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Women’s Dermatologic Society Panel Discussion on Vitamin D, Sun Care and More

October 22, 2010 Comments

On Thursday, Oct. 14, 2010, three members of the Women’s Dermatology Society (WDS)— dermatologists Diane S. Berson, M.D., Heidi Waldorf, M.D., and Kavita Mariwalla M.D.—participated in a panel discussion at BeautyPress’ Media Day on changes in dermatology, skincare trends, the Sunscreen Monograph and other advances in the skin care industry.

Waldorf discussed some of the biggest trends happening in skin care today. As a result of the economic downturn, she noted “People want to look natural, not overdone." Instead of major cosmetic produces, many consumers are looking a little “tweaking" versus reconstruction. Neurmodulators have been around for a couple decades now and are commonly used to soften signs of aging. Not only are they used to fill lines, but to shape and renew proportions of the face. On a safety note, Waldorf noted many neuromodulators have a better safety profile than aspirin.

Mariwalla, who was part of the WDS mentorship program, and also the recipient of grant from WDS, debunked a few myths related to skin cancer, vitamin D and sun exposure. Despite the popular school of thought that vitamin D deficiency occurs when you don’t get enough sun, studies are finding sun exposure is not the root of vitamin D abundance. And, contrary to popular tanning-booth belief, tanning booths are not a sufficient way to get vitamin D; it actually increases your risk for skin cancer by multiple-fold. As a result of these recent studies, Mariwalla recommended supplementing vitamin D. Vitamin D3, made through UVB, is the best source of vitamin D, as it helps absorb calcium, helps with inflammation and it regulates cell death. Another myth she debunked was that sunscreen stops vitamin D exposure—wrong; it helps protect the skin from UV damage.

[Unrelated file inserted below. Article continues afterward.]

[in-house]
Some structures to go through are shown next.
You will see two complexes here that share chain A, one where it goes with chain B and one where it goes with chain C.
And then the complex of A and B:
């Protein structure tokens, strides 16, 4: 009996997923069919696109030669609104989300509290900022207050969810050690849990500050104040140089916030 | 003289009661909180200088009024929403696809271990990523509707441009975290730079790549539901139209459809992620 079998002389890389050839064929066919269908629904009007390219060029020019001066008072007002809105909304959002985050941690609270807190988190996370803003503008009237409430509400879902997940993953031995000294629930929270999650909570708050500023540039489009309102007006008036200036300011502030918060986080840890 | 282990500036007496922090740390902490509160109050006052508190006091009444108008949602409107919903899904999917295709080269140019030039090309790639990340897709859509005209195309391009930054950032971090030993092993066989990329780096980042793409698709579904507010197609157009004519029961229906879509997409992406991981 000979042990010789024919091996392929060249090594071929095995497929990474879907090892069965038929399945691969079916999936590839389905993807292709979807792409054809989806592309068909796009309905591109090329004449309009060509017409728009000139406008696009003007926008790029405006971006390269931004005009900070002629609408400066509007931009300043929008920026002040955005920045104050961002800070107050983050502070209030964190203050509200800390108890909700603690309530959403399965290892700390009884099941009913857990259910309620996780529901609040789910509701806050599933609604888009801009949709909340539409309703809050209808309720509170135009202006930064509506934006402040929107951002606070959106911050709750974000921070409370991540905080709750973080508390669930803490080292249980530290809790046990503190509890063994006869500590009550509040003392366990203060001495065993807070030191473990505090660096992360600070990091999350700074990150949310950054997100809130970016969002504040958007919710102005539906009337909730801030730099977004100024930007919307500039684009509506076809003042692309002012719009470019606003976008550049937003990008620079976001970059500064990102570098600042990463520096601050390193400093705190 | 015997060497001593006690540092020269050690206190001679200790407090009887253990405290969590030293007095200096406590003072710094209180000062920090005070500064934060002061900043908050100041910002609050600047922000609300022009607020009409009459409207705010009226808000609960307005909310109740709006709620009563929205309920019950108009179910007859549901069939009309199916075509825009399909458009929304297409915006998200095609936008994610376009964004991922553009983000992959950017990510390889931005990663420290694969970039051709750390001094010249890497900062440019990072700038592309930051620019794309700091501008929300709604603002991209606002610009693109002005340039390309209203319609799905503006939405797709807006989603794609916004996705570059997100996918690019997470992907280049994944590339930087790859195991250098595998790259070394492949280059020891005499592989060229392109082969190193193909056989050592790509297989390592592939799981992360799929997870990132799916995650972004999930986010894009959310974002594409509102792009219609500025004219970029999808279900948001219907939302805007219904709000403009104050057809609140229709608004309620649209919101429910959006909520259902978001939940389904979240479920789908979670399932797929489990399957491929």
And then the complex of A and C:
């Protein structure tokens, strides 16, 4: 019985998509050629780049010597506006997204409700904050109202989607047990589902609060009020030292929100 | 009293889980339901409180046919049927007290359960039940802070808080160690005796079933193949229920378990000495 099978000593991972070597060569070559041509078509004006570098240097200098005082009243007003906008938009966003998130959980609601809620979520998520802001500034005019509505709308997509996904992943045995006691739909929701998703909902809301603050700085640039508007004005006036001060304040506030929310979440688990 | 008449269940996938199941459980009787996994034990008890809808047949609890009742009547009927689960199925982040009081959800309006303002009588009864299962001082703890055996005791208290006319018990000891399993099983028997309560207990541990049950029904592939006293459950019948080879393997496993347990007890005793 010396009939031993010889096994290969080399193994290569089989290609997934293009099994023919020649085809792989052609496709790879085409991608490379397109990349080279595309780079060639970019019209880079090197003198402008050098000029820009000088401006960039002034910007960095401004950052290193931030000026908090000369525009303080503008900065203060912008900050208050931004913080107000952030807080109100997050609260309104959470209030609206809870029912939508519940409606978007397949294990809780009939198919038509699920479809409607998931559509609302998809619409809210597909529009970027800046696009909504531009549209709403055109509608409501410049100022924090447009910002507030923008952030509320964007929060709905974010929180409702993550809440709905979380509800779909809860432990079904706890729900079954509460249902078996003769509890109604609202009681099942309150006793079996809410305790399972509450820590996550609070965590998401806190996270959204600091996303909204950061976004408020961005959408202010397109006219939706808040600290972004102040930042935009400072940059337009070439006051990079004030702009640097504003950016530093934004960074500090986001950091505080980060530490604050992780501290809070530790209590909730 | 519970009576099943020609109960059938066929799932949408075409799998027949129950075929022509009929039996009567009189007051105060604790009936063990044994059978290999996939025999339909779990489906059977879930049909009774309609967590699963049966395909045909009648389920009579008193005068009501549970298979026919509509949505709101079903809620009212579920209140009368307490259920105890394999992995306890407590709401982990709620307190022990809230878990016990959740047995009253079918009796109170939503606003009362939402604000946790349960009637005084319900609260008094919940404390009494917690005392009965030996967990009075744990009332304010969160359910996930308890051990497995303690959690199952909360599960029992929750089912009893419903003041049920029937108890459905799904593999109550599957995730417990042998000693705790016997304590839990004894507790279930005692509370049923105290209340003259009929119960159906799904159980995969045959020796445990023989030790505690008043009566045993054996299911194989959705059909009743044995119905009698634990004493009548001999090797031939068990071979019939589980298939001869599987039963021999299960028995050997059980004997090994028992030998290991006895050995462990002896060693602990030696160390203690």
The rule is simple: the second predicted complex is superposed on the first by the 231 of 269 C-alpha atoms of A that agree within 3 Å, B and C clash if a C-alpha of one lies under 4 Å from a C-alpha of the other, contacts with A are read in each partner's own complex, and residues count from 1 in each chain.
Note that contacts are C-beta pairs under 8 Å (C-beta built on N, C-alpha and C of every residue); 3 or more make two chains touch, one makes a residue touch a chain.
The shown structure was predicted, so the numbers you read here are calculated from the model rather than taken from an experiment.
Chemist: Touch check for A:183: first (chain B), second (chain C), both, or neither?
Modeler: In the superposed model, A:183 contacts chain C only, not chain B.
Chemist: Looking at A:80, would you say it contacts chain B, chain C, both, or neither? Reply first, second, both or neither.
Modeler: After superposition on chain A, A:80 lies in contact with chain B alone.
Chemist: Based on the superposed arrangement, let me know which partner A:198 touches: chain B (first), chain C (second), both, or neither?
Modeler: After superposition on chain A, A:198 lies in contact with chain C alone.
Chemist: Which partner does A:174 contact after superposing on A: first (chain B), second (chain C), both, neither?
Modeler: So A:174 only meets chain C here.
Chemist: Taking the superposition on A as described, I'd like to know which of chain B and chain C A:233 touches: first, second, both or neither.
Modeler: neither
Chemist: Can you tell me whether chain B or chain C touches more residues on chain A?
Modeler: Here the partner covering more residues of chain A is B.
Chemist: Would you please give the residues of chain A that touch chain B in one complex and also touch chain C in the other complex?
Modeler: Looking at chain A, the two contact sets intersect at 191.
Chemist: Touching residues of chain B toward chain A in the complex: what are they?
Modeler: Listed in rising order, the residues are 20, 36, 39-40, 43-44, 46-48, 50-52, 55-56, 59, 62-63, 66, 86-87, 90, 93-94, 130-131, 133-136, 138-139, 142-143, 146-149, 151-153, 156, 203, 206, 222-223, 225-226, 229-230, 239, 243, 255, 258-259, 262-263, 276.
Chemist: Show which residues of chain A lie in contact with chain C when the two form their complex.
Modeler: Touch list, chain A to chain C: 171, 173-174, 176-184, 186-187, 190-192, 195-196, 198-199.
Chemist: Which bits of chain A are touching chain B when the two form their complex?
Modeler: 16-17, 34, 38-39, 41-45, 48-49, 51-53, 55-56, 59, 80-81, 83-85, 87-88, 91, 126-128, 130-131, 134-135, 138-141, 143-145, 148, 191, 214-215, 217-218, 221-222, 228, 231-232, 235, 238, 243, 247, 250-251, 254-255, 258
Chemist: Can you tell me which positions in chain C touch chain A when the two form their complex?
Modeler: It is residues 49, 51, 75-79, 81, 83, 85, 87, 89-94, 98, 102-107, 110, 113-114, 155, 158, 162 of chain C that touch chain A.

Berson discussed sunscreen’s bad rep for increasing skin cancer risk. The root of this rumor stemmed from consumers’ false sense of security: because they were getting a “base tan" and they weren’t getting a sun burn, they assumed their sun exposure was at “safe levels"; however, sunscreen protects against UVB rays—the burning rays—and consumers were still being exposed to UVA rays—which penetrate deeper into the skin, destroys collagen, causes immunosuppression and skin cancer.

UVA and UVB protection are a hot topic right now. Many organic filters that effectively protect against UVA are approved in Europe, but FDA has yet to approve them for use in the United States. Changes in the Sunscreen Monograph are also slated to take place in the near future.

The panel mentioned the turn toward natural ingredients that work synergistically with the skin to help protect against inflammation—the root of all skin evil—reinforce the barrier function of the skin, help with pigmentation, reduce pore size, fight off oxidative damage and stimulate collagen production. These ingredients included: vitamin B (niacin, in particular), licorice, caffeine, chamomile and soy. 

Fortunately, the hybrid of cosmetics/skincare/personal care and nutraceuticals is a growing trend, and our industry is bound to see more growth as a result.

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